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How to Write the Best Letter of Resignation

By Kat Boogaard

When I quit my last full-time job, I was an absolute mess. Honestly, that’s putting it kindly—I was a bundle of nerves who spent weeks working up the courage to tell my boss that I was jumping ship. And, when I finally did, I was a bit unprepared to do so (despite those numerous pep talks in front of my bathroom mirror!).

I had always heard that I was supposed to draft a formal letter of resignation. So, I quickly Googled a template, filled in my details, and then practically threw it at my boss while doing my best to avoid direct eye contact. See? I told you I was a mess.

But, in retrospect, I wish I had put a little more thought, time, and effort into that resignation letter. Why? Well, according to Business News Daily, a reported 86% of human resources managers said that the way employees quit a job at least somewhat affects their future career opportunities.

So, needless to say, I wish I would’ve squelched my nerves, rolled up my sleeves, and put a little more elbow grease into that resignation letter (but, no, I was too busy stress-eating animal crackers).

I don’t want you to make the same mistake I did, so let’s take a look at everything you need to know to write the best letter of resignation. Because, if you’re leaving your job, it’s best to leave an awesome impression—and not just a pathetic trail of animal cracker crumbs.

1. Start With the Nuts and Bolts

Beginning your letter is always the toughest part. And, while you may be tempted to open with a jaw-dropping and moving introduction about how much your employment experience impacted you both professionally and personally, you’re better off cutting the theatrics and sticking with the basics.

What exactly are the basics? You need to include the job you’re resigning from and your anticipated last date of employment. That’s it, my friends.

What This Looks Like:

Dear [Boss’ Name],

Please consider this letter as my formal resignation from my role of [Current Title] with [Company Name]. My last date of employment with [Company Name] will be [Date].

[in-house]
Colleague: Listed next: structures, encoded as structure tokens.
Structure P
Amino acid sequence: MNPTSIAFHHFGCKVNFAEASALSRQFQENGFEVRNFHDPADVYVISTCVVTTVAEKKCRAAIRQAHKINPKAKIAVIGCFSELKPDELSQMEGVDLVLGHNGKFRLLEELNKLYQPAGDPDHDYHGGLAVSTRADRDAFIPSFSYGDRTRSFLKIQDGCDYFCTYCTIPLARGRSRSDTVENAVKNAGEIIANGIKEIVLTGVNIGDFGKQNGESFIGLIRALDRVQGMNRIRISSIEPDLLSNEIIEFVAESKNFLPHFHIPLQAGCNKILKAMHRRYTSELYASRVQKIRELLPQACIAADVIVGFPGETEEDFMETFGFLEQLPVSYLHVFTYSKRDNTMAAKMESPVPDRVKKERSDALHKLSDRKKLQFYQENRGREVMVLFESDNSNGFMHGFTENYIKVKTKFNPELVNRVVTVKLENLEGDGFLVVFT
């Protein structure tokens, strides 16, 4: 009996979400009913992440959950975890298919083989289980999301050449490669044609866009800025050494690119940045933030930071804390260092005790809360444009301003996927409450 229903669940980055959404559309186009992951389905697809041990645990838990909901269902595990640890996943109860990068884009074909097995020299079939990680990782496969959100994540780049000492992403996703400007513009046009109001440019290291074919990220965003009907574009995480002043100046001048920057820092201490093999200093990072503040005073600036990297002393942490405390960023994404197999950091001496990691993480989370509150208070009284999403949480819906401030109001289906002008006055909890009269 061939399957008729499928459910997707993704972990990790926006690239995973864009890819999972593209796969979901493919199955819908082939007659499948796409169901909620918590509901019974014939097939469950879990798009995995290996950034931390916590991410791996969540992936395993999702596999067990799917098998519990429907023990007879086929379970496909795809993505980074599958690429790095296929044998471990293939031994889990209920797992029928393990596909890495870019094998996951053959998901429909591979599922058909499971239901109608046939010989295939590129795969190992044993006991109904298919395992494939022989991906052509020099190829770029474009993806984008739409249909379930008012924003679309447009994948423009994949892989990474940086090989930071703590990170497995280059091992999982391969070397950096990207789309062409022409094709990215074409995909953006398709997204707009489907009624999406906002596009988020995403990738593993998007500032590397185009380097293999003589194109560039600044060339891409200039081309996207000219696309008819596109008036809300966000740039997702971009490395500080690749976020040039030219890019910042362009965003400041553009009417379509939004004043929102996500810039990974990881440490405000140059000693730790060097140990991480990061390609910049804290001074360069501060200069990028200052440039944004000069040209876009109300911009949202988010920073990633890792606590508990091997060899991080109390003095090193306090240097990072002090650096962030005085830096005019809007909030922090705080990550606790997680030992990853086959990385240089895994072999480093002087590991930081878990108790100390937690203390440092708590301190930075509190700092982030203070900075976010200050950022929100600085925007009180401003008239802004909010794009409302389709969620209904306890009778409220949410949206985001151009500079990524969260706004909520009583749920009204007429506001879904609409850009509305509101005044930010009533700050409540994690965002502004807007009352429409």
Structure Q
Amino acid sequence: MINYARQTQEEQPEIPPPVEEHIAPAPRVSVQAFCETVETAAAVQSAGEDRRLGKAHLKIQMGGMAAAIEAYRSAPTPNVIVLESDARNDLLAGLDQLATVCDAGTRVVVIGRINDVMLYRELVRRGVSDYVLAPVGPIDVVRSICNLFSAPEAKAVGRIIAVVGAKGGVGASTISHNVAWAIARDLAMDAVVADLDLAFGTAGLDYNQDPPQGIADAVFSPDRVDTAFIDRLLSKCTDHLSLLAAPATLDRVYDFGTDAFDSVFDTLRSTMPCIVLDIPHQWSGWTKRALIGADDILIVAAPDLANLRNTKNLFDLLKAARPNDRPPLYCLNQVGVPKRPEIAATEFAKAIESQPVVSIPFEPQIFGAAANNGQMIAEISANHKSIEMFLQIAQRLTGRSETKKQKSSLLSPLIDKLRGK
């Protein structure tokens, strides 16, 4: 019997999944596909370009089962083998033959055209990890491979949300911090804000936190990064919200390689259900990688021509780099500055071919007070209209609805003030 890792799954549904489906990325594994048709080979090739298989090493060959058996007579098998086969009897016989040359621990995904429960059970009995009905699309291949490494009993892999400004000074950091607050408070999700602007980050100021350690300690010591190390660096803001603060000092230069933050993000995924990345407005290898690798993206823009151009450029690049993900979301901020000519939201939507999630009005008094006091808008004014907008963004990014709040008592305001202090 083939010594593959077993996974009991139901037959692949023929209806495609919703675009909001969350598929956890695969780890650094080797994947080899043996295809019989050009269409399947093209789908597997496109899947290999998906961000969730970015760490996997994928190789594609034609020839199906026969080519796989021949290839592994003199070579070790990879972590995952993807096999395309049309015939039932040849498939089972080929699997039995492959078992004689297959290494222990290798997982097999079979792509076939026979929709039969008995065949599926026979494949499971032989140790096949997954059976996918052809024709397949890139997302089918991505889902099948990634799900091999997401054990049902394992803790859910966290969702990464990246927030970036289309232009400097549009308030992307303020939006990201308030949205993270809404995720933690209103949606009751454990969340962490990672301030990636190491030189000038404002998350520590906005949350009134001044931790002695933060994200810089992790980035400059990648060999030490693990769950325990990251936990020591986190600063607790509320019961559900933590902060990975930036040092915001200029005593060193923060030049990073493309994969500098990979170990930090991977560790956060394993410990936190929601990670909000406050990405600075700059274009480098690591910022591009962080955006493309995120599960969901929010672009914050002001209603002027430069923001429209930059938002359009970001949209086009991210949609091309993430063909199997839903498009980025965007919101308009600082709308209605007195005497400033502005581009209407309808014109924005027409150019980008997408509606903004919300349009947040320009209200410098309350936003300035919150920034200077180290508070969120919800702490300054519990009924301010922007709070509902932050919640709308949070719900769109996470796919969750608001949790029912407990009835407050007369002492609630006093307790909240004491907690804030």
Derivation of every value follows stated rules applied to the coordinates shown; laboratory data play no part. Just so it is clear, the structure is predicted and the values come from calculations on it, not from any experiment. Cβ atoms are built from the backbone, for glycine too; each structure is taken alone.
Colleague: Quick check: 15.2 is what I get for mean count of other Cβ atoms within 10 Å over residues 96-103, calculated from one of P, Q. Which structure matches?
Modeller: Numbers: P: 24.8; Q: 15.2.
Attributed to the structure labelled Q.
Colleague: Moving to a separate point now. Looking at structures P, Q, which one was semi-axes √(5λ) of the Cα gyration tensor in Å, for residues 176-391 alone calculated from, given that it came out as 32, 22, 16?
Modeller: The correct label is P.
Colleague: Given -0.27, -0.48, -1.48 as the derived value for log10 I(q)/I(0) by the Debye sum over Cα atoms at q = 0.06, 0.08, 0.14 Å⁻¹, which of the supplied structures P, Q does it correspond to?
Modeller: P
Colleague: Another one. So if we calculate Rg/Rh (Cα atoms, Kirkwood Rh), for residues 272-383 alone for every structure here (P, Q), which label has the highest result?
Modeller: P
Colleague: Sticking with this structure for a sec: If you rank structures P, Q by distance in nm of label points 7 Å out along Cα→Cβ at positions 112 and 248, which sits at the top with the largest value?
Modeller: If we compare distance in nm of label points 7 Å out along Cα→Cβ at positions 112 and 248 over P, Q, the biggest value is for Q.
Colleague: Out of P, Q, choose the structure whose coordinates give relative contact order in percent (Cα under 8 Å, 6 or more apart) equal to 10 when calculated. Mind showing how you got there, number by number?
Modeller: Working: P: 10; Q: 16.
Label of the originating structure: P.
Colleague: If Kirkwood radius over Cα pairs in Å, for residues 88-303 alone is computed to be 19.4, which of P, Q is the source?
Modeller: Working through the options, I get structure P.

2. Talk About the Transition

Next up, it’s time to briefly talk about how you’ll help to make this transition a smooth one. Whether you plan to create some sort of manual for your replacement or are willing to help train whoever steps into your shoes, you’ll want to explain those measures here.

Don’t feel like you need to go above and beyond with a ridiculously long list of all of the good deeds you plan to complete. Just touch on a few of the things you’ll do to make this process a  bit simpler, and you’ll be good to go.

What This Looks Like:

In these last weeks, I’ll make time to work on writing out some specific instructions and will leave any current records for my replacement to make this transition smoother. Additionally, I’m more than willing to help with any training duties during my final weeks in this position.

3. Leave on Good Terms

Finally, it’s time to express your sincere gratitude for the opportunity this employer provided you—yes, even if you absolutely hated your job.

Again, you don’t need to be over the top here (this isn’t your Oscars acceptance speech, after all). However, reserving a few lines to thank your employer is important for leaving things on good terms. You don’t want to burn any bridges!

What This Looks Like:

I want to sincerely thank you for this opportunity with [Company Name]. I have so enjoyed my time as an employee here, and it’s been a pleasure working with you and the [Department] team. I certainly hope our paths cross again.


[Your Name]

Piece that all together—while also including the date you submitted the letter at the top and your signature at the bottom—and your perfect resignation letter is completed.

See? I told you it didn’t need to be anything overly lengthy or complex. As a matter of fact, the simpler and more concise you can keep things, the better.

And, before you ask: No, you absolutely don’t need to include your reason for leaving the position in your resignation letter. Chances are, that’s something you’ll discuss with your boss in person—and, even if you don’t, it really doesn’t need to be listed in your formal letter.

So, there you have it! Three core elements of a resignation letter. Fill in the blanks and you’ll be able to bid adieu to your current job in a way that’s nothing but professional, polished, and respectful.

By Kat Boogaard

Kat Boogaard

Kat is a Wisconsin-based freelance writer covering topics related to careers, self-development, and entrepreneurship. Her byline has appeared in numerous outlets and publications, including Forbes, Fast Company, The Muse, QuickBooks, Business Insider, and more. Find out more about her on her website, or connect with her on Twitter.

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